d) After concluding investigation in R.C.11/93, charge sheet came to be filed and registered as Spl.C.C.131/00 resulting in framing of charges. The trial court had opined that the charge pertaining to this case in respect of the accused fell during the period beyond 12 months of the first charge sheet and hence a direction was given to file a separate charge sheet. Hence a separate charge sheet is filed in regard to the above allegations.

e) During the course of investigation, the alleged forged documents were sent to the handwriting expert examination and the statements of material witnesses were recorded. After obtaining the report of the handwriting expert, a comprehensive charge sheet was filed.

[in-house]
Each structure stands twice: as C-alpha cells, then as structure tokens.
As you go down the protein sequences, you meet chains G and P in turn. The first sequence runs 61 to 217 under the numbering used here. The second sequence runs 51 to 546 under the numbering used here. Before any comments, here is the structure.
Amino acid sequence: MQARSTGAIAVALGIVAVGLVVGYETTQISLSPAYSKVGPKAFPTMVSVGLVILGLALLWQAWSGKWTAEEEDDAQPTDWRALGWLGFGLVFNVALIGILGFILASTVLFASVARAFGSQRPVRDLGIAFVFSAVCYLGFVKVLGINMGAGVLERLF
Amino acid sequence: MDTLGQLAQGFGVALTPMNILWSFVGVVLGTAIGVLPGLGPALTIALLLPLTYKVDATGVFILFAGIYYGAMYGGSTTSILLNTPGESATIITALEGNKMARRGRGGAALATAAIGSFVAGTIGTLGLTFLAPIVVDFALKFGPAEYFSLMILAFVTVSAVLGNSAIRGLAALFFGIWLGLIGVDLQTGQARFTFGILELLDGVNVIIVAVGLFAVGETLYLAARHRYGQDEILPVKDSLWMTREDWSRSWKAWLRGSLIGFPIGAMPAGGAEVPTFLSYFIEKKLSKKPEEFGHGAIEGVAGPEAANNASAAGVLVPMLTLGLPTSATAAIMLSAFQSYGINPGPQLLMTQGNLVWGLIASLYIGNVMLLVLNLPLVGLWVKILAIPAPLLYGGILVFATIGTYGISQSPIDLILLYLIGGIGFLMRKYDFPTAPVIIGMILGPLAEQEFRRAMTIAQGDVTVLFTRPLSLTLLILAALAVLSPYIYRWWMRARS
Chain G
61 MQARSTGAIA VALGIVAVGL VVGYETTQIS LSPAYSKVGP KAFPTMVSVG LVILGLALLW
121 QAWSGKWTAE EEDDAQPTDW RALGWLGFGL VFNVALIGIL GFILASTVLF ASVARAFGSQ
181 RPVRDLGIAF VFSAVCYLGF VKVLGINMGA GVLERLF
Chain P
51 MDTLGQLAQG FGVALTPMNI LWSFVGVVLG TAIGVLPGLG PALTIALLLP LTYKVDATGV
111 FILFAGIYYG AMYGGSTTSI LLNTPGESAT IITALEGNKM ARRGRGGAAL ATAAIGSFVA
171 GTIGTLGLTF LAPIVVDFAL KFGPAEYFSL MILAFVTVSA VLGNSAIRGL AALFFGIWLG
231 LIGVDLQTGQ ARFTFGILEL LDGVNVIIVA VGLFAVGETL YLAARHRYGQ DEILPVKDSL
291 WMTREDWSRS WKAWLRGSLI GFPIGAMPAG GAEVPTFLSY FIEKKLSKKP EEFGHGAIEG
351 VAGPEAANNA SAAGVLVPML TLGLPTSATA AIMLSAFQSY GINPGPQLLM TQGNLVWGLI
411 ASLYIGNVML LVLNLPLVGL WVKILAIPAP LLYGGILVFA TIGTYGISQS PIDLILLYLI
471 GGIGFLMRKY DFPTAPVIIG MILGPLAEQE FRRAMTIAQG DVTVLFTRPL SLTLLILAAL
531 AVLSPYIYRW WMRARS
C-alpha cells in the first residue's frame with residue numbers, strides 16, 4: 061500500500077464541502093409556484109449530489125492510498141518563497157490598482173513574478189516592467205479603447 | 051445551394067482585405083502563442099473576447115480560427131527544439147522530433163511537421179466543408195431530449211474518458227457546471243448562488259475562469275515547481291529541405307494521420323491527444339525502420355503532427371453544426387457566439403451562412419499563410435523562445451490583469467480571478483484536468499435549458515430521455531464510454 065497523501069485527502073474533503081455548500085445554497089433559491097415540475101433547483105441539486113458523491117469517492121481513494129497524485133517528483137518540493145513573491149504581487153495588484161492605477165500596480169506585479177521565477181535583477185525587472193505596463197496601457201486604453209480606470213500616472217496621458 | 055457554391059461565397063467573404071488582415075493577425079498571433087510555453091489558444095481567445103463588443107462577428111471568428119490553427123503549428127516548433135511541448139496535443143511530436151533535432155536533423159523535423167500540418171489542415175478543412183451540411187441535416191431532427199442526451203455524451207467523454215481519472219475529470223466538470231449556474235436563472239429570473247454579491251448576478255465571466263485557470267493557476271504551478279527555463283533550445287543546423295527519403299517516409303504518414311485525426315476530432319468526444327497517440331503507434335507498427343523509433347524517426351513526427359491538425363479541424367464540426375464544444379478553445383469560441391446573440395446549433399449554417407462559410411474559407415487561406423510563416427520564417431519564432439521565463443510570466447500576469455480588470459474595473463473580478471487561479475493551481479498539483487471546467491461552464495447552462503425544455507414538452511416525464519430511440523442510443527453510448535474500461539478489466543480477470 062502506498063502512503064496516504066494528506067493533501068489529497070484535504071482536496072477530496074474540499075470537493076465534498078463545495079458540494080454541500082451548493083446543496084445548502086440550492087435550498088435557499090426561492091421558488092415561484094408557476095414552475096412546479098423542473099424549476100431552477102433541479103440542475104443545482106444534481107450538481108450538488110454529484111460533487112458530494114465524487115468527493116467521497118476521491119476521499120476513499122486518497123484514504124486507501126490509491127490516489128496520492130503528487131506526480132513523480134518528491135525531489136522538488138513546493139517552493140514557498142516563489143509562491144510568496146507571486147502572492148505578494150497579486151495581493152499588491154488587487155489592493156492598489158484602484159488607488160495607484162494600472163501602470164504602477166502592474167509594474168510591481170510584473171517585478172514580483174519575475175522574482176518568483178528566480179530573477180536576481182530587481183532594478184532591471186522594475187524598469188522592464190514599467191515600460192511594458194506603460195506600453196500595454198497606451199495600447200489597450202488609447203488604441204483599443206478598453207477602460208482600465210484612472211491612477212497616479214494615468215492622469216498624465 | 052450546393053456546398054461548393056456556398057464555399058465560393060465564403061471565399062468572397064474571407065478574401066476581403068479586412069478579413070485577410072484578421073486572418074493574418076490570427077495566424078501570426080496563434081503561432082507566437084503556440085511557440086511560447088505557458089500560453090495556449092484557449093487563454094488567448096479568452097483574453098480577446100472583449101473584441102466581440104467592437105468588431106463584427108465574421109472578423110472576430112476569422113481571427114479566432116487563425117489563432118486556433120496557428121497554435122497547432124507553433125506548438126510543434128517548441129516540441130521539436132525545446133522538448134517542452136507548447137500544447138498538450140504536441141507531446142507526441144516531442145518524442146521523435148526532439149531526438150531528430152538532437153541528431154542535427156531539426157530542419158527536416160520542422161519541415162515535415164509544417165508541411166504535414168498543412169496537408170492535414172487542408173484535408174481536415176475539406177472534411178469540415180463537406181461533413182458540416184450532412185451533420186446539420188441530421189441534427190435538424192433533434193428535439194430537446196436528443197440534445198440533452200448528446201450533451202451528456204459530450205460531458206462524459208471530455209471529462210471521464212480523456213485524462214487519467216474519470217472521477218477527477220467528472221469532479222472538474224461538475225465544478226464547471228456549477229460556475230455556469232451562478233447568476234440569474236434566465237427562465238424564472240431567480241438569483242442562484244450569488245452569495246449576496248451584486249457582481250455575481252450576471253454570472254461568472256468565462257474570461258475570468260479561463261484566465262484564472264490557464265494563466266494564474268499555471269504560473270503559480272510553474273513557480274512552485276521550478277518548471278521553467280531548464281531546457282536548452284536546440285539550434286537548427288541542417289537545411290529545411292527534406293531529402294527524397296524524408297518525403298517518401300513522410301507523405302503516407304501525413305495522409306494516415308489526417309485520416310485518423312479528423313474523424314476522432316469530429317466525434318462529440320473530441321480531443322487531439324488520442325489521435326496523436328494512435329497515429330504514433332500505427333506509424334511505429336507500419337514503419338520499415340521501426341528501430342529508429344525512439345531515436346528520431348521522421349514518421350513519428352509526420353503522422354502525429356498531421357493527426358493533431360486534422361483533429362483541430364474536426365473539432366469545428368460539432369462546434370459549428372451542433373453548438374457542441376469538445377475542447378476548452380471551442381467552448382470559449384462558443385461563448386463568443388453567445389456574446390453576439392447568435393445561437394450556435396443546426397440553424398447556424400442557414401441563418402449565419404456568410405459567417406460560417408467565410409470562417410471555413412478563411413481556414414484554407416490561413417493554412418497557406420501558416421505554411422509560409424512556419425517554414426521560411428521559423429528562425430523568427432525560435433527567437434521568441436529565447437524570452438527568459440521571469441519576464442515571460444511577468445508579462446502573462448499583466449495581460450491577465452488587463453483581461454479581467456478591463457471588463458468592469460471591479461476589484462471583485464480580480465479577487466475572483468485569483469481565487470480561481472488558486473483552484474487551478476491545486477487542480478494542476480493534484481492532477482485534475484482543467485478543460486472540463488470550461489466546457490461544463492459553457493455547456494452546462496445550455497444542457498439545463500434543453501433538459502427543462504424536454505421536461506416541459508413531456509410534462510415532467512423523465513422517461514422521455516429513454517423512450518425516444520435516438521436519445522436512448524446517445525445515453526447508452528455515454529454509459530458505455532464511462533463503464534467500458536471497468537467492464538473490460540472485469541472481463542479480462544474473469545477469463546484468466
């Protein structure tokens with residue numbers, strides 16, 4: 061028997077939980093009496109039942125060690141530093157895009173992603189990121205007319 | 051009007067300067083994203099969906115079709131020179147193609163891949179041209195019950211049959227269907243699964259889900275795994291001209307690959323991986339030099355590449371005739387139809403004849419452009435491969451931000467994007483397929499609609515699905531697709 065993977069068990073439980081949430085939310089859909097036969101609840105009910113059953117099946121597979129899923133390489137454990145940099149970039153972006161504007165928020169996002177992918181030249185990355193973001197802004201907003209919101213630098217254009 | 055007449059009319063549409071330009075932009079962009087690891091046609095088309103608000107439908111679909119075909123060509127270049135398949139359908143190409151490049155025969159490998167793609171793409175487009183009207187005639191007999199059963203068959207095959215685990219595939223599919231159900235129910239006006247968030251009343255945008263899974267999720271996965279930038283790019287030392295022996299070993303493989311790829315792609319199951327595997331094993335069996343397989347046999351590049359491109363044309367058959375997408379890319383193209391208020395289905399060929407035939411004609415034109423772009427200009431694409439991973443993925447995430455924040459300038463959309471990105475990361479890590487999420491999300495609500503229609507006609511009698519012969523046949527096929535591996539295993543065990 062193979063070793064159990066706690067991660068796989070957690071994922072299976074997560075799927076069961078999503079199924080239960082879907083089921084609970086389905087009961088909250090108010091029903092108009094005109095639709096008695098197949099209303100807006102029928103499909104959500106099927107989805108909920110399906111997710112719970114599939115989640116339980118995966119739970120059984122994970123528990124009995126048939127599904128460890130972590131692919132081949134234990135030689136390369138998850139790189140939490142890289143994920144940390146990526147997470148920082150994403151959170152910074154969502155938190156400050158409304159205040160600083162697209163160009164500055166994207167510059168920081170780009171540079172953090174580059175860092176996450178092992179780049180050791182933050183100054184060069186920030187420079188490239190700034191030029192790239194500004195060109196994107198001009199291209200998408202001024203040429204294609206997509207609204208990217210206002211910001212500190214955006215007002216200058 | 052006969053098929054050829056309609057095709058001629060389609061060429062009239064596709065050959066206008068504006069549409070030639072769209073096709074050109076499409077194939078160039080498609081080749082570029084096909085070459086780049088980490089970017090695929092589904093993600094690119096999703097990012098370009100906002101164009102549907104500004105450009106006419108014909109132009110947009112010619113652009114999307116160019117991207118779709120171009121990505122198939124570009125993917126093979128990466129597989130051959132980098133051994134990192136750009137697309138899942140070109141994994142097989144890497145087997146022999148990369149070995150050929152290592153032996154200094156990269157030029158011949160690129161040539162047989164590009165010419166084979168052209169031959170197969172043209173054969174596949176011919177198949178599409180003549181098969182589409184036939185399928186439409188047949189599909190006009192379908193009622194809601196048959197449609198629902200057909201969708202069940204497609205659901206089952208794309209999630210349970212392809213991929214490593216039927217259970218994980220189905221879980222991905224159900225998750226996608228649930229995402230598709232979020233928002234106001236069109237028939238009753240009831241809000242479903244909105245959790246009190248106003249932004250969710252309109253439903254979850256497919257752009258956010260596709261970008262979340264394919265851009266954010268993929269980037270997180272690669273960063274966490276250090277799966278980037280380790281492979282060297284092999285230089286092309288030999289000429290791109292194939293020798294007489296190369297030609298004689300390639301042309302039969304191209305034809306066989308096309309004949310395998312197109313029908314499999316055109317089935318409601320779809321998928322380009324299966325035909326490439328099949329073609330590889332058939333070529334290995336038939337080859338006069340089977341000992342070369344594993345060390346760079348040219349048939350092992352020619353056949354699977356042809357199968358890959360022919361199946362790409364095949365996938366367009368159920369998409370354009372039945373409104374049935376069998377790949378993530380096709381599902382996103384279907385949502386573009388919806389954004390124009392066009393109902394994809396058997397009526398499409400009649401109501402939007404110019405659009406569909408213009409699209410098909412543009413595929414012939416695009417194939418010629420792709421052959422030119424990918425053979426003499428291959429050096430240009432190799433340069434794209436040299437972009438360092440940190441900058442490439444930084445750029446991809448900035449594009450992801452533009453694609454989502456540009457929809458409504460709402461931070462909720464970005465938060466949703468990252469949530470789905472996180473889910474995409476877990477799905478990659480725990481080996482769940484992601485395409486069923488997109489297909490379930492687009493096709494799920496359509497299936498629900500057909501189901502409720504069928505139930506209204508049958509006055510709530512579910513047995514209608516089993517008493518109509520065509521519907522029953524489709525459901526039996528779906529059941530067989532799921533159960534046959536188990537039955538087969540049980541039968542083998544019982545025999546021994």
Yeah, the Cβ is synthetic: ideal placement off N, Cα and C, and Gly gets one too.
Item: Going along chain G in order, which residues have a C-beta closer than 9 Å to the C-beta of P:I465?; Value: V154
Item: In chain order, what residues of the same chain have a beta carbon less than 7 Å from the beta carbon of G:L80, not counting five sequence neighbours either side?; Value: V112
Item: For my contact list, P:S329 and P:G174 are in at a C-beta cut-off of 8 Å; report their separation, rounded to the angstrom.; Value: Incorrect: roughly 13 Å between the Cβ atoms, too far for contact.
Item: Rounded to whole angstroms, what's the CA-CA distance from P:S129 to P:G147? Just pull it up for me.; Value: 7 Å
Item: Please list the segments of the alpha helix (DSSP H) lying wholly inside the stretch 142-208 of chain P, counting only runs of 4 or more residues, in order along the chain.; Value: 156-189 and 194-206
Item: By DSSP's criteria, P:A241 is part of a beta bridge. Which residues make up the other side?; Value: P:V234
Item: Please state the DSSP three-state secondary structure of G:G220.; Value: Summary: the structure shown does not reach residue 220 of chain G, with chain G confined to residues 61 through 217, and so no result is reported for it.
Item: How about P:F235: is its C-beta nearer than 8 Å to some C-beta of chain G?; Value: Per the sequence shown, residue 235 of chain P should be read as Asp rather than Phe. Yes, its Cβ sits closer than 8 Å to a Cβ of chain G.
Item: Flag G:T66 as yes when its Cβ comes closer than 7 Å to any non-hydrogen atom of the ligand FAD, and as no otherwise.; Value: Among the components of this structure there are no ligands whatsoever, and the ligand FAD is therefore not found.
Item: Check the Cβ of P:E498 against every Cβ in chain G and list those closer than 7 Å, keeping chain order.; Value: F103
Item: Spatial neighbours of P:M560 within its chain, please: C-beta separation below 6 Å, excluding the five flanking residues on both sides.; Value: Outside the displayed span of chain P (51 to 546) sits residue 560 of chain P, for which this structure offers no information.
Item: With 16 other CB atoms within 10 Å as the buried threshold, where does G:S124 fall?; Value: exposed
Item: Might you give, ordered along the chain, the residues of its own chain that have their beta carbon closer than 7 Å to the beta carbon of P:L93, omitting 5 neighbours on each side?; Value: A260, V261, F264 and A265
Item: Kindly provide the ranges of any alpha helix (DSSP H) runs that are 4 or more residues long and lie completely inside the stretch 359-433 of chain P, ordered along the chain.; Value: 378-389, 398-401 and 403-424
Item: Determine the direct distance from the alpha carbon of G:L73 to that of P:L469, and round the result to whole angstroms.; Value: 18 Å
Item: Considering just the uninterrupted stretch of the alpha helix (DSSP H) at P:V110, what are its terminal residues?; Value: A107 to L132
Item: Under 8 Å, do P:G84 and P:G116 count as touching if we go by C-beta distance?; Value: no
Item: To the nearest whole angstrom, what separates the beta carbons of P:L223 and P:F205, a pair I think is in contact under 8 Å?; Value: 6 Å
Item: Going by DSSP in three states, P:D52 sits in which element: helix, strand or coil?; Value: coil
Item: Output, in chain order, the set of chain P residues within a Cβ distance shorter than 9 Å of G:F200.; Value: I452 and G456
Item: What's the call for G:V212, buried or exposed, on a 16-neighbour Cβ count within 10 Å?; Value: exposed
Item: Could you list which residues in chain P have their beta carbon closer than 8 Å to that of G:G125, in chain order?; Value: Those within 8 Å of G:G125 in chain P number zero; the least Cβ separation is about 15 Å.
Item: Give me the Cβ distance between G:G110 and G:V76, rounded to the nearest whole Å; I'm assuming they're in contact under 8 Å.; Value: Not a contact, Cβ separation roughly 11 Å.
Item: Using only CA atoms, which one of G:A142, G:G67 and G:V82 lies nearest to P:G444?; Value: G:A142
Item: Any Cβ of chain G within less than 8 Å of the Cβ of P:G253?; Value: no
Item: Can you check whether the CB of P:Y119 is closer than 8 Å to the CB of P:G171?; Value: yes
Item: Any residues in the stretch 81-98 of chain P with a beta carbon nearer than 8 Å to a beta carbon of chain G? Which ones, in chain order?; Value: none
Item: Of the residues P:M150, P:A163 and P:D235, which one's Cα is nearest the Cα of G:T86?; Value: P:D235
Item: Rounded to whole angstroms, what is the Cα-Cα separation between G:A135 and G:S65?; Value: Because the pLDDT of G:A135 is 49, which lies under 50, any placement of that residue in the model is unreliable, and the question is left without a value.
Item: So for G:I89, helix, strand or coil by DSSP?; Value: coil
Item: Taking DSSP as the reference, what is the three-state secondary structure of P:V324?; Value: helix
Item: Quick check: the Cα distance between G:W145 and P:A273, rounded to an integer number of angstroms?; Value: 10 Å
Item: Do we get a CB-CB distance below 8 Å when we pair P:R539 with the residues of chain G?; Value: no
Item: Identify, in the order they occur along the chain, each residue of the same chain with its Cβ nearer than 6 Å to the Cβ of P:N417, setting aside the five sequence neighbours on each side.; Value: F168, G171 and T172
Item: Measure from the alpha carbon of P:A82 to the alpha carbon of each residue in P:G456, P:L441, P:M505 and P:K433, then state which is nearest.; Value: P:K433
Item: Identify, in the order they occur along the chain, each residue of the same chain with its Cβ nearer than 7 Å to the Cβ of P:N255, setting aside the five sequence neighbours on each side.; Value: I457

f) Accused had pleaded not guilty to the charges leveled against him and had claimed to be tried. In order to bring home the guilt of the accused, prosecution has examined in all 19 witnesses and got marked 39 exhibits. During the course of cross-examination, one exhibit has been marked on behalf of the accused.

g) After hearing arguments, the learned special judge has acquitted the 2nd accused and has convicted this appellant-1st accused by framing the following points for consideration as found in paragraph 11 of the judgment:

In furtherance of the charges framed in the case and the arguments advanced on behalf of the accused, the points which arise for determination in this case are;

1. Whether sanction was to be obtained separately in respect of the separate charge sheet filed in the case, after the direction was given by the Court in Spl. C.C. No.C.C..No.150/95?

2. Whether sanction obtained by the Investigating Officer in this case is bad in law and thereby cognizance taken is improper?